Heat forces heart rate to pick up and our capillaries to dilate, increasing blood flow to and from the skin allowing the body to release the soreness of stored lactic acid, and expedite the excretion of urea and other toxins.  “Impurities in the liver, kidneys, stomach, muscles, brain and most other organs are flushed out by the faster flow of juices.”  As metabolism and cell nutrient distribution is increased our organs cells and systems move in concert to replenish, rebuild and heal not only our bodies, but our minds.

After 20 minutes in a steamy sweat lodge or savusaunna the brain waves slow: from beta (7-14 hertz/cycles per second) to alpha (4-7hz) and even possibly deeper into theta (1-4hz),  inducing a natural and deeply meditative state.  All one must do is breathe to experience the transition from (fight or flight) beta brain waves to a relaxed and lucid theta state. In this state of mind we have our most vivid dreams, we replenish our cells and neurotransmitters.  Also the symptoms of cold and sinus infections can be alleviated by freeing nasal passages. Arthritis, lyme’s disease, and rheumatism can be helped in the sweat bath by loosening stiff joints, eliminating toxic wastes and improving circulation. The steam of the sweat lodge influences our metabolism, temperature, and brain waves with not only its heat, but also the creation of negative ions.

The same negative ions generated by photosynthesis, fire, waterfalls, rain and ocean surf are present when steam is created by pouring water onto properly heated stones. The negative ions and water molecules bond to particles in the air removing dust and germs creating a more sterile environment.  Also,  “These negative ions once in our blood stream produce biochemical reactions that increase the the flow of oxygen to the brain, and the level of serotonin, alleviating depression and stress,  while boosting our daytime energy. …   In fact,  Columbia University studies of people with winter and chronic depression show that negative ion generators relieve depression as much as anitdepressants. ‘The best part is that there are relatively no side effects” aside from making us feel elated, or even blissful.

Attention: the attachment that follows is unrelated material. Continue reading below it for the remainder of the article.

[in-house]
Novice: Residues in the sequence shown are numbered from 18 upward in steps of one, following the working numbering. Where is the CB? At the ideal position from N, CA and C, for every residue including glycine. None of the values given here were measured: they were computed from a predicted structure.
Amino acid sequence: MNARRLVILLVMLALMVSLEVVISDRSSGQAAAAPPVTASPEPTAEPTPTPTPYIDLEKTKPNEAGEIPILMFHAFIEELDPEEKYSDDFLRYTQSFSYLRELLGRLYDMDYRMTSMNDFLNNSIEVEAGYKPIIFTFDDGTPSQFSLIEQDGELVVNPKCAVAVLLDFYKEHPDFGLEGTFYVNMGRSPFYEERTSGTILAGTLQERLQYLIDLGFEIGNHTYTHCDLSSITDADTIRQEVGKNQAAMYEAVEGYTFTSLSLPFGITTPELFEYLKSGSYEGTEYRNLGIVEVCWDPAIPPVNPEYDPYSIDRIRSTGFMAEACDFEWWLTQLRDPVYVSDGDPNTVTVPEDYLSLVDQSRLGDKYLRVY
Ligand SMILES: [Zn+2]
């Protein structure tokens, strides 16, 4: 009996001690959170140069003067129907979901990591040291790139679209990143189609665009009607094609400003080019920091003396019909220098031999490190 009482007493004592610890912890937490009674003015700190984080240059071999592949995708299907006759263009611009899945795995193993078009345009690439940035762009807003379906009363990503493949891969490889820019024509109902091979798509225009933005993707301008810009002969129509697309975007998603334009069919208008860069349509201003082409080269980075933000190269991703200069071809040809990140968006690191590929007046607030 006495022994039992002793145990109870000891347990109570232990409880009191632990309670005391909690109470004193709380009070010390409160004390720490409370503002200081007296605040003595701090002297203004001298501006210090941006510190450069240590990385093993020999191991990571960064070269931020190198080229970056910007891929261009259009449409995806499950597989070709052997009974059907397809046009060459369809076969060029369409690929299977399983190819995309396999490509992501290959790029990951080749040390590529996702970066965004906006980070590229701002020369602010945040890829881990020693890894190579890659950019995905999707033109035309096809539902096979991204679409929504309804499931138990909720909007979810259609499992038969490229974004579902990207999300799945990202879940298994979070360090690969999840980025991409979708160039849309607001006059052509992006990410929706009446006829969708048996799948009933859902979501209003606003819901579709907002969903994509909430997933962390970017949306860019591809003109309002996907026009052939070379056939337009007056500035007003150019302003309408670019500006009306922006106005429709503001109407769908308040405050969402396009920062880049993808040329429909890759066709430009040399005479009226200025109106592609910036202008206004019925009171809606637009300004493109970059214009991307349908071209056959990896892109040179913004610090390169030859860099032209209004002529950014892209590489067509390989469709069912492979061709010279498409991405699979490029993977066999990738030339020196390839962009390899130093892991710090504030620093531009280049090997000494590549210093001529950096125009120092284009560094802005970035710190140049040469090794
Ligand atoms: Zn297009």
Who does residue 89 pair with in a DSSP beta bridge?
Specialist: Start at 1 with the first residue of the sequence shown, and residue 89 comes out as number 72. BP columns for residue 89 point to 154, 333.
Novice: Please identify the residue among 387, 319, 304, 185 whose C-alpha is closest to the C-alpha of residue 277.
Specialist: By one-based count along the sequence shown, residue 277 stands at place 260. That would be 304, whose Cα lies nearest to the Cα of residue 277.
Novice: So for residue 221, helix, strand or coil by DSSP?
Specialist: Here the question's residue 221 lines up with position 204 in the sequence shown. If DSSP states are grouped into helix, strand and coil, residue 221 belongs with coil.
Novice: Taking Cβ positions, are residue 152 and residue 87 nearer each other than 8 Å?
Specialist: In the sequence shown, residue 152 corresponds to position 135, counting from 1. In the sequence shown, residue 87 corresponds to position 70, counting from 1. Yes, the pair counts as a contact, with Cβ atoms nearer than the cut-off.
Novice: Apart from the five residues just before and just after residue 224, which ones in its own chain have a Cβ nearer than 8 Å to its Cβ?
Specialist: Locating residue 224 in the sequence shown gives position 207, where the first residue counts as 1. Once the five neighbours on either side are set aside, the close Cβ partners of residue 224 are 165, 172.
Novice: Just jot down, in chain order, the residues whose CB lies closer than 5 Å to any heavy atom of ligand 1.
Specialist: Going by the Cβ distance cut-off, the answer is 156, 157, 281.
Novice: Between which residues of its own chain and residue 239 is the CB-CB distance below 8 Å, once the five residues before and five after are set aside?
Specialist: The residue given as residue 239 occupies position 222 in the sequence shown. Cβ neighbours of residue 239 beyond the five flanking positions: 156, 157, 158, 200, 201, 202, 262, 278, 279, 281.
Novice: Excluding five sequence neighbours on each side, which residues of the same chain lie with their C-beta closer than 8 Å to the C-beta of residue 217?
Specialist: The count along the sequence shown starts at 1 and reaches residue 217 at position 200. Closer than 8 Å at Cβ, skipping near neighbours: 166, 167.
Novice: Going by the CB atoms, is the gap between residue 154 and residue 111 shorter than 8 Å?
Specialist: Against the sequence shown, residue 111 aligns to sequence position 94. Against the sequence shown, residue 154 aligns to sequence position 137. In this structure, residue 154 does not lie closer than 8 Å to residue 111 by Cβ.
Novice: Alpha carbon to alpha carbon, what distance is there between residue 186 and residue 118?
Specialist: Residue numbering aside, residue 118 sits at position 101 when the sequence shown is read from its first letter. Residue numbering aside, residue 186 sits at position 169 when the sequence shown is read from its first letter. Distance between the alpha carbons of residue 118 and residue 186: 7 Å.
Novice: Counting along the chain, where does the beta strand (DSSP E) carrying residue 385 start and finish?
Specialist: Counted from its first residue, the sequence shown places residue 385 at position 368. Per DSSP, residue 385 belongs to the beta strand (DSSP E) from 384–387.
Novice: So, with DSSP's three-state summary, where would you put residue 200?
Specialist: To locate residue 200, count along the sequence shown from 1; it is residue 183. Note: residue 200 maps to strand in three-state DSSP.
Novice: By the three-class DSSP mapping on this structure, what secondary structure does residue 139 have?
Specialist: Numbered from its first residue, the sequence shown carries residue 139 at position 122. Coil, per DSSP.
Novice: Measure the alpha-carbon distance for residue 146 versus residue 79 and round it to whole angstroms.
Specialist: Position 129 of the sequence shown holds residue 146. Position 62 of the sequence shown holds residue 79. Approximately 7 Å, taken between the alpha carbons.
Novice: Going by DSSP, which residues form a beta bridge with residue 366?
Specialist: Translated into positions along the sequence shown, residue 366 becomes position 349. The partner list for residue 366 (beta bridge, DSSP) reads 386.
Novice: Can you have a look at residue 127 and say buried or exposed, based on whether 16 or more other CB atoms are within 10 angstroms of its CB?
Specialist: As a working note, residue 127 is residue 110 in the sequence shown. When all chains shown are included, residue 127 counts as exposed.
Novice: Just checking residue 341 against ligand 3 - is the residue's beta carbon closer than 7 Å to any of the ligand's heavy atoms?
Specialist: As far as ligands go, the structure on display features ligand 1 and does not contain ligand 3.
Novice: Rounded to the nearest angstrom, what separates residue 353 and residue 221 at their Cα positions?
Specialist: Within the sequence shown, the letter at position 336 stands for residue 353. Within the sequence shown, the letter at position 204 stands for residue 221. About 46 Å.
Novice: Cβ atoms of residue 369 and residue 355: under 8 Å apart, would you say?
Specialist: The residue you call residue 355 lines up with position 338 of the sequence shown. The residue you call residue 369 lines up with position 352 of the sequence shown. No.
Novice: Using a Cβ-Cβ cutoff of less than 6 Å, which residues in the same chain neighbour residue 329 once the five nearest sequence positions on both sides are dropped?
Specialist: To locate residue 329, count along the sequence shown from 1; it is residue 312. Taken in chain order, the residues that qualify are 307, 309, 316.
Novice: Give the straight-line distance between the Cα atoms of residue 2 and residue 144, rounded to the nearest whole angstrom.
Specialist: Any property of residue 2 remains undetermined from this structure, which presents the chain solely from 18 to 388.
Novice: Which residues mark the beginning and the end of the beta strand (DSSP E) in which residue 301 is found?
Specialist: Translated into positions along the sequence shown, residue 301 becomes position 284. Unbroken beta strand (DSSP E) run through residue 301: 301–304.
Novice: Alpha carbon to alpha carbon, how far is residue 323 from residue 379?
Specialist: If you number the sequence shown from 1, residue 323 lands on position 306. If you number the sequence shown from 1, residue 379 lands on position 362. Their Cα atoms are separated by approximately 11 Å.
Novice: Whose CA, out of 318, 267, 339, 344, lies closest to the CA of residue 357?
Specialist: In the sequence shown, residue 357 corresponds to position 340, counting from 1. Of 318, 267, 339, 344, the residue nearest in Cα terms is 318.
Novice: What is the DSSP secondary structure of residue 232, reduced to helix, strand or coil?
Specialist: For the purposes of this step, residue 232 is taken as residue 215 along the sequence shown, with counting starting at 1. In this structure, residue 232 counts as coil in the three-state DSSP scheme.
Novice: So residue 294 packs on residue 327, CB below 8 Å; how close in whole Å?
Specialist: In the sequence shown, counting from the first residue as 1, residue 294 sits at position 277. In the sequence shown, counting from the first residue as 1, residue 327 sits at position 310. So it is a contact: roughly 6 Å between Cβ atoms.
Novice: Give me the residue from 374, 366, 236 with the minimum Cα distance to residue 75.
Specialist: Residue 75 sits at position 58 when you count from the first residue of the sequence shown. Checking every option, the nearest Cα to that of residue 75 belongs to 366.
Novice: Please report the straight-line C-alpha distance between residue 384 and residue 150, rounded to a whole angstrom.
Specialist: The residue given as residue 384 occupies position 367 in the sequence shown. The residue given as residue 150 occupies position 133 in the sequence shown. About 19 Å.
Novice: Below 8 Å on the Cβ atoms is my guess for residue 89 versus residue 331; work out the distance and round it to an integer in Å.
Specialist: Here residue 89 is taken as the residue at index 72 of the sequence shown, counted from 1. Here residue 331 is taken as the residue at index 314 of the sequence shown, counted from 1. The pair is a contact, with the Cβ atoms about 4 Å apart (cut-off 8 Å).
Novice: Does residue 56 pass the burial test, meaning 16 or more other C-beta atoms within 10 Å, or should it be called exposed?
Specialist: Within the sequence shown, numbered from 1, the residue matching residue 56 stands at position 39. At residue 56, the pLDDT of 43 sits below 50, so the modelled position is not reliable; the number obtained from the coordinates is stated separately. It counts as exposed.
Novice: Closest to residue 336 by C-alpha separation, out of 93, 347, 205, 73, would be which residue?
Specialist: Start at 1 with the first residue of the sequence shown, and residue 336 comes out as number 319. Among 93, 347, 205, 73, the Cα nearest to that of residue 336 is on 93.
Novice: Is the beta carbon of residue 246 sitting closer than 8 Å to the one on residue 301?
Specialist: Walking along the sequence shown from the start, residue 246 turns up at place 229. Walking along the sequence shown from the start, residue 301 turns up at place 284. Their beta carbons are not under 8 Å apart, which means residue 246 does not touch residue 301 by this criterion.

When it comes to the sweat lodge, as in life, all the  positives and negatives, benefits and risks must be considered and ultimately one must decide for themselves what is right. The sweat lodge can be a great blessing for community and personal health providing natural communion and connection to the Earth and all living things. Knowing humans have lived in and around the sweat lodge for thousands of years and continue to do so today, if offered the opportunity to sweat  in a healthy environment, with people you can trust,  what would you choose?

Sweat Lodge Source links:

  • Aaland, Mikkel, “Sweat”, Carpa Press, 1978.
  • Bruchac, Joseph, “The Native American Sweat Lodge – History and Legends, The Crossing Press, 1993.
  • Bucko, Raymond A., “The Lakota Ritual of the Sweat Lodge – History and Contemporary Practice”, First Bison Books, 1999.
  • McGaa, Ed, “Nature’s Way – Native Wisdom for Living in Balance with the Earth”, Harper One, 2004.
  • Negative Ions Create Positive Vibes (link)
  • Sweat Lodge – Wikipedia (link)